August 19, 1933 - Article - "What This Country Needs Is......", by Dorothy Thompson

In happier days it was a good five-cent cigar. Along about the time it got to be a good five-cent nickel it also got to be a Mussolini. "What this country needs is a man like Mussolini." Give the Germans and our President time! If the New Deal does not satisfy the hopes of those who have come to believe that one strong man can manage the state, we shall, I predict, hear in a few months that "What this country needs is a Hitler." Indeed, and from some quarters, we are already beginning to hear it.

The passion for dictatorships is as old as national crises. National crises are as old as national states.

At this time X was a leading world power. But she was suffering from a terrible internal crisis..... The rise in the standard of living had forced the ruling classes into strange shifts for a livelihood..... The glaring contrast between ill-gotten gains of the few and the penury of the many excited unrest. A new line of cleavage was appearing in society. One the one side was a great host of men who had lost all they had to lose in the world, bankrupt industrialists and ruined landowners. On the other was a small and grasping clique of parvenu speculators and millionaires. The moderate incomes which might have bridges the gap were disappearing. Meanwhile the treasury was empty..... Fraud and violence, extortion and bribery, were familiar incidents in public life..... Money was the sole goal of ambition and the supreme measure of worth..... Yet there were many who had left a secure, though modest, existence on the land to risk their fortunes on some business adventure, and many more who had reduced themselves to bankruptcy to educate their children..... Crime was connived at and fomented by the authorities. The home no longer fulfilled its disciplinary functions.

The wild and disordered conflict of material interests found its reflection in the world of ideas. It was the fashion for men to consult philosophers to find out their political bearings, and every educated man had his own standpoint, from which to look down upon the stress of his time. The theories thus evolved marked the final extinction of the ancient and definite doctrines which still survived. There were interminable discussions of the diseases from which the country was suffering. Men frittered away their energies in morbid inertia or childishly appealed for some heaven-sent deliverer.

No, this is not 1933 in the United States with bankrupt middle classes, the collapse of agriculture, graduated students with no jobs, Al Capone and the Brain Trust. It is Prof. Guglielmo Ferrero's description of Rome of 100 B.C. And at that time people undoubtedly said: "What this country needs is......"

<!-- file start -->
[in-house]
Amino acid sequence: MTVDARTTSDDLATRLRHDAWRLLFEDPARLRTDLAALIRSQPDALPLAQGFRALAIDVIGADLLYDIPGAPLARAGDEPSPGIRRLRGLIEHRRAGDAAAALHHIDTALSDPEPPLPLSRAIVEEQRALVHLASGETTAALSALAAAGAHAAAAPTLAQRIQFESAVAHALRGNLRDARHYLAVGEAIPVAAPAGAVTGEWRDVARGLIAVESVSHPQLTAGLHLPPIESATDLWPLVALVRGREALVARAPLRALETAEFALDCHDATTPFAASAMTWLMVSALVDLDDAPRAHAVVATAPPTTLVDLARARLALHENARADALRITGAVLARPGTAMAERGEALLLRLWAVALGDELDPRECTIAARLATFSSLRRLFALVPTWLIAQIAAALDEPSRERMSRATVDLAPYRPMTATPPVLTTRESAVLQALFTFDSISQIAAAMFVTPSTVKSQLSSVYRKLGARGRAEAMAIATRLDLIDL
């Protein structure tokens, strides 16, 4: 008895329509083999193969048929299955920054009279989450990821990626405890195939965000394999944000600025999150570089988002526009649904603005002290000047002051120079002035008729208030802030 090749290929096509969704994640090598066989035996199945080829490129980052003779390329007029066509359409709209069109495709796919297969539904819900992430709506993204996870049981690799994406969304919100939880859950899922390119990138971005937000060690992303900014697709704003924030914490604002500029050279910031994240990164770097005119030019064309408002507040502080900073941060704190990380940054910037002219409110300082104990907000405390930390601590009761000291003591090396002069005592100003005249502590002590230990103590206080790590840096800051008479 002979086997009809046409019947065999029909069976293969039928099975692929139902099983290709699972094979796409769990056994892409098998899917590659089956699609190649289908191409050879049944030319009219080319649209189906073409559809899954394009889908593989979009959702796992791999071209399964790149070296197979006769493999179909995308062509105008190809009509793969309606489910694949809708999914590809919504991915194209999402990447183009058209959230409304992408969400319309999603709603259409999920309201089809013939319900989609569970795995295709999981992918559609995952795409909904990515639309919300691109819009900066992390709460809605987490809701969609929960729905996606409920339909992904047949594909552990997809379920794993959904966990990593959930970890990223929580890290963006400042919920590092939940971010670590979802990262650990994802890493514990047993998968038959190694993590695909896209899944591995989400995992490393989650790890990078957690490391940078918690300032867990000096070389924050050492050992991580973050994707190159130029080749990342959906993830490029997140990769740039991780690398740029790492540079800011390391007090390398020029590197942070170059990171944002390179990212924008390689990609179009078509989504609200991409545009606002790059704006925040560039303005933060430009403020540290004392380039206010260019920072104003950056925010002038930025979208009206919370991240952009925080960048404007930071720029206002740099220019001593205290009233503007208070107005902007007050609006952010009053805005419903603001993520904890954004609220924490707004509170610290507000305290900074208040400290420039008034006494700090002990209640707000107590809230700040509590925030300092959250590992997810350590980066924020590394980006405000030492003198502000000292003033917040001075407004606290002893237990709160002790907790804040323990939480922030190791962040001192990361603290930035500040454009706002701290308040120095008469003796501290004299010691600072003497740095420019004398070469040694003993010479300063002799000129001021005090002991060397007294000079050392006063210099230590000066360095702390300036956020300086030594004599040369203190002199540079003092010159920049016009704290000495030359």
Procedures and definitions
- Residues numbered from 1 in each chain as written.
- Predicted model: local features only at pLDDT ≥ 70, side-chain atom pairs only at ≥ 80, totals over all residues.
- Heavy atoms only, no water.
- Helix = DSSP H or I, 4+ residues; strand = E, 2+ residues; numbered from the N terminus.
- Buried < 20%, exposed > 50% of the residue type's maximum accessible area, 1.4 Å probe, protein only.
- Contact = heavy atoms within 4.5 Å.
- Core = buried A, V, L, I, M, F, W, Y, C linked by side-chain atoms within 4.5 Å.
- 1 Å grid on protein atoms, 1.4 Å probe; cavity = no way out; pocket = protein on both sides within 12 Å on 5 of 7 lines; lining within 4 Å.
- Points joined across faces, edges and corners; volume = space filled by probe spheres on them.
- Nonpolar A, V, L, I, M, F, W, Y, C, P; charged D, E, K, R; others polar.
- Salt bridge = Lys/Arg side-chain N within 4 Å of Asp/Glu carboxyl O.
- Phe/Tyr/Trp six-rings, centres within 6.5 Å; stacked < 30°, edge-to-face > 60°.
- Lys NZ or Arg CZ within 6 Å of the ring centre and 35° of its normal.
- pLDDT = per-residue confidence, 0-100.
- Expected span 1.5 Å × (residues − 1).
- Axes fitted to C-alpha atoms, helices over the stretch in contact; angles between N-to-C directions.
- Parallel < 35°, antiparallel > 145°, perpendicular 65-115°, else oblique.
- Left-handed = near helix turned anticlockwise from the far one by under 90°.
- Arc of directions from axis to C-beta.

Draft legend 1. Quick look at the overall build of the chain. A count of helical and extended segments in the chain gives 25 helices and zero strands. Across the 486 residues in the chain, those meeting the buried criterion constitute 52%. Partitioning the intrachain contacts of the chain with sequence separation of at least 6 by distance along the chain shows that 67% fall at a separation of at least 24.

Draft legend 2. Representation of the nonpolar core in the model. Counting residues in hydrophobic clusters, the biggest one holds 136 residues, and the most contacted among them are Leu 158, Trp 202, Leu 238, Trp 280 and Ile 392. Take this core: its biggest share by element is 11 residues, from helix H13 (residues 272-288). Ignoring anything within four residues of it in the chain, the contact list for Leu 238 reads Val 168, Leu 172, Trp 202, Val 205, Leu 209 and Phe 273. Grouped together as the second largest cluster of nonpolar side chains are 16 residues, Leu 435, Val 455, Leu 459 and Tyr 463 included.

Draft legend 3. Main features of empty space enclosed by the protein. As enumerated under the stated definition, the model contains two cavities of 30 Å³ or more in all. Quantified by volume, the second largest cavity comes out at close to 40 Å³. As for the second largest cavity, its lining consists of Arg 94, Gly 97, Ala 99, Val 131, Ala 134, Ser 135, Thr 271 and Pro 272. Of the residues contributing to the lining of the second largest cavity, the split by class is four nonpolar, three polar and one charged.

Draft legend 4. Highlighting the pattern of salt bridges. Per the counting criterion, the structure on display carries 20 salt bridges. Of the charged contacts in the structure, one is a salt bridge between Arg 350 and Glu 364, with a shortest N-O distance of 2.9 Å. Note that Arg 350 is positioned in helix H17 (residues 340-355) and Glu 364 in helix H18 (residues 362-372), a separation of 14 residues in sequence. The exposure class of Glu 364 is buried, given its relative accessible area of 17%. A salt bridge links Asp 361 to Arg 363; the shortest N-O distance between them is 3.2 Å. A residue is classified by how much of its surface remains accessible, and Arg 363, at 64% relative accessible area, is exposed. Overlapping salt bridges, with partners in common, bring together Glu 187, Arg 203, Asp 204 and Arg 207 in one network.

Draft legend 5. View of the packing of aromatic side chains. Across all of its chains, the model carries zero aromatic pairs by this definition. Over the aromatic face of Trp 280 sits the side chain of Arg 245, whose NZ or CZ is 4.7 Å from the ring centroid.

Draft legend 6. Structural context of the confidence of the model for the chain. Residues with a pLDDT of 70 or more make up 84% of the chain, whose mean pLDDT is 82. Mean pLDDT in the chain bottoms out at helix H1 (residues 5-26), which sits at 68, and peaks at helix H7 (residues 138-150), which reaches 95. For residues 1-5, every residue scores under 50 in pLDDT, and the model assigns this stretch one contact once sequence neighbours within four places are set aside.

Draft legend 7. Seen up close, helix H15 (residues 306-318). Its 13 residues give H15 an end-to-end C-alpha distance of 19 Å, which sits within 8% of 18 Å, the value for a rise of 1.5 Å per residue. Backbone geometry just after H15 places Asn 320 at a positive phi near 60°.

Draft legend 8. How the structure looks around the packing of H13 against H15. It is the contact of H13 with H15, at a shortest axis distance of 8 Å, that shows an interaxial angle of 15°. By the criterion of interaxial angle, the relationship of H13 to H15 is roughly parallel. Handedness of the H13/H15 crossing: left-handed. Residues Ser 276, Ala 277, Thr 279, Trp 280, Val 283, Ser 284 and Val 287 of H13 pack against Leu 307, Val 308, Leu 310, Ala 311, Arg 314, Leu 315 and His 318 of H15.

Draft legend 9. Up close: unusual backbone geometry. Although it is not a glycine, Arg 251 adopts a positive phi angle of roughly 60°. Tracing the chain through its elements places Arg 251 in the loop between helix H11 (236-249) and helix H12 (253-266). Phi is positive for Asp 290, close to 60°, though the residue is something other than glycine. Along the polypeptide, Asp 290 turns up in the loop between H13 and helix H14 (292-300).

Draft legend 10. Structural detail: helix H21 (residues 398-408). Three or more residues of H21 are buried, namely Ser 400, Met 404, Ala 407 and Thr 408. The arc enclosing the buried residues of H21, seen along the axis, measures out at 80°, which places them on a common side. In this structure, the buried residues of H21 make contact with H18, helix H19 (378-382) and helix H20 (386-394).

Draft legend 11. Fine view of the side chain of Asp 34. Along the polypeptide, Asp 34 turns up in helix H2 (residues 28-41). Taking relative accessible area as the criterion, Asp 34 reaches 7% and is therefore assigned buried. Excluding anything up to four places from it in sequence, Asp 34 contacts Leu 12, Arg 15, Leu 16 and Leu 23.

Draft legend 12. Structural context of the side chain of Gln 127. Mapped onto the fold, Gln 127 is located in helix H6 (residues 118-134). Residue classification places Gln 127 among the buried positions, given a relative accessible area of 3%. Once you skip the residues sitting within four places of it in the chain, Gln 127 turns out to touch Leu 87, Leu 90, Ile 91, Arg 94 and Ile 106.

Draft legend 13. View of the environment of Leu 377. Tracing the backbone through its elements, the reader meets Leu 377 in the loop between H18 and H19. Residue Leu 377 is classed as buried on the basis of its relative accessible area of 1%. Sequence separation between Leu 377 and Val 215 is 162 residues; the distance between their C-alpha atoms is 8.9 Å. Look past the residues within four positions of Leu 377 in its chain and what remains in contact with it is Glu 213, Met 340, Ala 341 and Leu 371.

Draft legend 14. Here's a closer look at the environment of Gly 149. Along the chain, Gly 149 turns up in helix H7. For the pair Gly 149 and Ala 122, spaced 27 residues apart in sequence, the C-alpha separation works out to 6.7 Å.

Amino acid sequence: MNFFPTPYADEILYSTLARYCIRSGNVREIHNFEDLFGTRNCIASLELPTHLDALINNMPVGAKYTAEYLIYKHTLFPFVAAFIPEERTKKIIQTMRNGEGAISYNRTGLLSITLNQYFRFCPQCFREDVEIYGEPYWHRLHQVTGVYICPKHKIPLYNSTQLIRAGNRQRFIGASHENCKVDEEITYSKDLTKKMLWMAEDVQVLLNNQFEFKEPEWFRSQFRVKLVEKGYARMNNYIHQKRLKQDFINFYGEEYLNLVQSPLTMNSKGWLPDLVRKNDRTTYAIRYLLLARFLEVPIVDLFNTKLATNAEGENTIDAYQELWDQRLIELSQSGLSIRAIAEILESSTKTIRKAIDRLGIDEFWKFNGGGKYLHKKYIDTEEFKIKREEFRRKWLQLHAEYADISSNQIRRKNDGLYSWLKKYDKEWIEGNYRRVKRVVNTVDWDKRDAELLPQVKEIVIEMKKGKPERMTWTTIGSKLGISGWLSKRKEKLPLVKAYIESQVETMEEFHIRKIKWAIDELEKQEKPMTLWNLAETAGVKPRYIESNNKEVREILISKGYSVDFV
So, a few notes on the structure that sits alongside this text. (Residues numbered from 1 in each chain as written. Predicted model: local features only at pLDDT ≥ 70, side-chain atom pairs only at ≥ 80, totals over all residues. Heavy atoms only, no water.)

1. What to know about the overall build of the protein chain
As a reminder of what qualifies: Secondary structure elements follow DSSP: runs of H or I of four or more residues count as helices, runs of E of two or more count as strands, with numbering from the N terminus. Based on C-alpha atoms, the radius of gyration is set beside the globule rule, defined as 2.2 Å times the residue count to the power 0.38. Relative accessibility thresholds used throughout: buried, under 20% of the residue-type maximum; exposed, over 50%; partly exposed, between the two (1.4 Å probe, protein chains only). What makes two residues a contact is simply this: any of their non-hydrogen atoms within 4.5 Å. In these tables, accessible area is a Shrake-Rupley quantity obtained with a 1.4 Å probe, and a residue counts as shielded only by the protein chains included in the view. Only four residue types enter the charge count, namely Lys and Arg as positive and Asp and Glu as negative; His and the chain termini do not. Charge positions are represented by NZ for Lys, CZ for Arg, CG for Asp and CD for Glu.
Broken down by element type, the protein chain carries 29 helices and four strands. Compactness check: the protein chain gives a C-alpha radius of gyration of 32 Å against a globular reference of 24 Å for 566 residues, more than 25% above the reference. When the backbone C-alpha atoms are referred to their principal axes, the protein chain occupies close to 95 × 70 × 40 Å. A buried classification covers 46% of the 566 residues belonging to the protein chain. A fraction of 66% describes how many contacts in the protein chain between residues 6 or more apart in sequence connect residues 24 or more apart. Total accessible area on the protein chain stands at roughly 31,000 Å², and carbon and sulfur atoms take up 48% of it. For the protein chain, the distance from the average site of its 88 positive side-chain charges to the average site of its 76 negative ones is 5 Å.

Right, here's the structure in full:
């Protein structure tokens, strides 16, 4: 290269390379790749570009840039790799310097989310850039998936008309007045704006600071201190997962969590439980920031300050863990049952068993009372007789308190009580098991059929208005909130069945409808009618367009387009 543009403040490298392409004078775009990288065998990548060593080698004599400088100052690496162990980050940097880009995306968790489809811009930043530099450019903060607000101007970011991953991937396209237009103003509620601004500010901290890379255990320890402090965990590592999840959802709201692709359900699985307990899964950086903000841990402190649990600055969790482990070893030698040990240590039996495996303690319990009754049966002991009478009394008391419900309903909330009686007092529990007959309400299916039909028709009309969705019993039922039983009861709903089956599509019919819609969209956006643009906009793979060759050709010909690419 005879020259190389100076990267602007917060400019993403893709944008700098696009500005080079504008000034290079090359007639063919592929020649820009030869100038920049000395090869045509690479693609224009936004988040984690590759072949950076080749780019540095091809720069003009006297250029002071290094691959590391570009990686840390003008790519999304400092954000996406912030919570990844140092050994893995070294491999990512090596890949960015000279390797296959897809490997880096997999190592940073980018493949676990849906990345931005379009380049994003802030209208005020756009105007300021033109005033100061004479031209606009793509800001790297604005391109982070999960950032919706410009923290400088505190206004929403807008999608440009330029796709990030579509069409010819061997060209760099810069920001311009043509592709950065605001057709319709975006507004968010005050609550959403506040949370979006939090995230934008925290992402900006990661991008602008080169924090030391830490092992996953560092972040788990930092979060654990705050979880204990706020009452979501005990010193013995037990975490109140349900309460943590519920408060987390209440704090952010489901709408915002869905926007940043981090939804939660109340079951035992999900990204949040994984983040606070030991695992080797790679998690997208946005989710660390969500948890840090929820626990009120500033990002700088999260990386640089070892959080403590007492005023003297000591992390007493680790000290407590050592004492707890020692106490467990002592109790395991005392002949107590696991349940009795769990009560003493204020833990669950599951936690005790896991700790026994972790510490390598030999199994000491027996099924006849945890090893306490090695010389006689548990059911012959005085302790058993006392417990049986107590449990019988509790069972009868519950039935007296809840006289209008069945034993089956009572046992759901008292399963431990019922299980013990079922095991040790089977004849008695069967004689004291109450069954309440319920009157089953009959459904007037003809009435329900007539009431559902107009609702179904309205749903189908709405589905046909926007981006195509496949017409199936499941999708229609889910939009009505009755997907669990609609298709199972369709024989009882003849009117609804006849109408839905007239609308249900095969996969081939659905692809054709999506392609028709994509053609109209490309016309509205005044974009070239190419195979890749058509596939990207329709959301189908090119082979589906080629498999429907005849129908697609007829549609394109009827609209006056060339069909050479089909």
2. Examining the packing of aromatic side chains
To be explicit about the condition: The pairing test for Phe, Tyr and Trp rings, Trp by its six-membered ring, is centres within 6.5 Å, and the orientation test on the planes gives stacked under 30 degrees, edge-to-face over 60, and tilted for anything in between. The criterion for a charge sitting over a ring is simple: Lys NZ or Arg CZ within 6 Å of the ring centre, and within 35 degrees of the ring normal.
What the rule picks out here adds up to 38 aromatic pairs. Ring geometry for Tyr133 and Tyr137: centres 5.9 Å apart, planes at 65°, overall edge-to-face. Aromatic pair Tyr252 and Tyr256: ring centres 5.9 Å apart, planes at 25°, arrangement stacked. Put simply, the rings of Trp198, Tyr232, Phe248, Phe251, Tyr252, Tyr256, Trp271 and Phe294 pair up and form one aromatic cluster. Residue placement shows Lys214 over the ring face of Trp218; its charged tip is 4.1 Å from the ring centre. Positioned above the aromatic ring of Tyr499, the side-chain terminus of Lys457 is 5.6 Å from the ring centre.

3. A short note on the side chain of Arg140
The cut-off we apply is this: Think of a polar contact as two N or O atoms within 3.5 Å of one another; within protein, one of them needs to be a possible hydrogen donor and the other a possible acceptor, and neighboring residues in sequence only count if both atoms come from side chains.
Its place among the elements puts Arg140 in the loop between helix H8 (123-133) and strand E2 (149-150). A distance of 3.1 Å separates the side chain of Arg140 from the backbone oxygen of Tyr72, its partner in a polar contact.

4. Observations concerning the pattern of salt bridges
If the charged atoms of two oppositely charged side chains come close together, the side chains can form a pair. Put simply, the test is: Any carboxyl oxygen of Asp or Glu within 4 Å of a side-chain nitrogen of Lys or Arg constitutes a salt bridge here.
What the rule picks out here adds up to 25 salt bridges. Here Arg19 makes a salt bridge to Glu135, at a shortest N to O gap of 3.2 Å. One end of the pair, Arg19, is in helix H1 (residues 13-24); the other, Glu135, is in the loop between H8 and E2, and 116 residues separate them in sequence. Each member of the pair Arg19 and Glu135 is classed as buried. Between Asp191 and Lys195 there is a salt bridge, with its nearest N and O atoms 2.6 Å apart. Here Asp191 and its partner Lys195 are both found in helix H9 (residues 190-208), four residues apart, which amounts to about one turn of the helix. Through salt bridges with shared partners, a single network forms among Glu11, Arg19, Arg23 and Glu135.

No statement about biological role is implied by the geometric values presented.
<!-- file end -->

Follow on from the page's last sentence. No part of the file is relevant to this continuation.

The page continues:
Sulla was another kind of dictator. Indeed, Professor Ferrero insists that he - and his historical counterparts, from Cæsar to Adolf Hitler - were not dictators at all. They were tyrants. They ruled by force, they used the implements of the state to perpetuate their own power, they depended for success, not on their legitimacy or their right to rule but upon the success or popularity of their programs. (pg. 8)

All dictators systematically work, before and after the accession to power, to undermine confidence in what has gone before them. It is absolutely essential that they do so, for without this collapse of confidence there is no excuse for a usurper.

And yet, one of the essential circumstances of being a successful dictator is to come to power at the right moment - to have, in other words, luck - and, above all, to be able to profit not only by the mistakes of predecessors but to be able to cash in on their achievements. Where the achievements have been considerable - where, in other words, the dictator gets a considerable inheritance - he often manages to make a very fine showing. Where the inheritance is small, he has a hard time making a show. (pg. 60)

Comments: When FDR took office in 1933, the Congress unconstitutionally handed him one of the greatest inheritances in history. The United States by this time had accumulated enormous wealth and had a large national income. This allowed him, as Ms. Thompson put it, "to make a very fine showing." We shall also see the massive propaganda campaign in future articles that continually attacked the prior free economic system that was being destroyed. It should be remembered though that the economic base that allowed the United States to overwhelm their enemies in war production during World War II was the product of the very system that FDR and his followers were attacking as the people's enemy.

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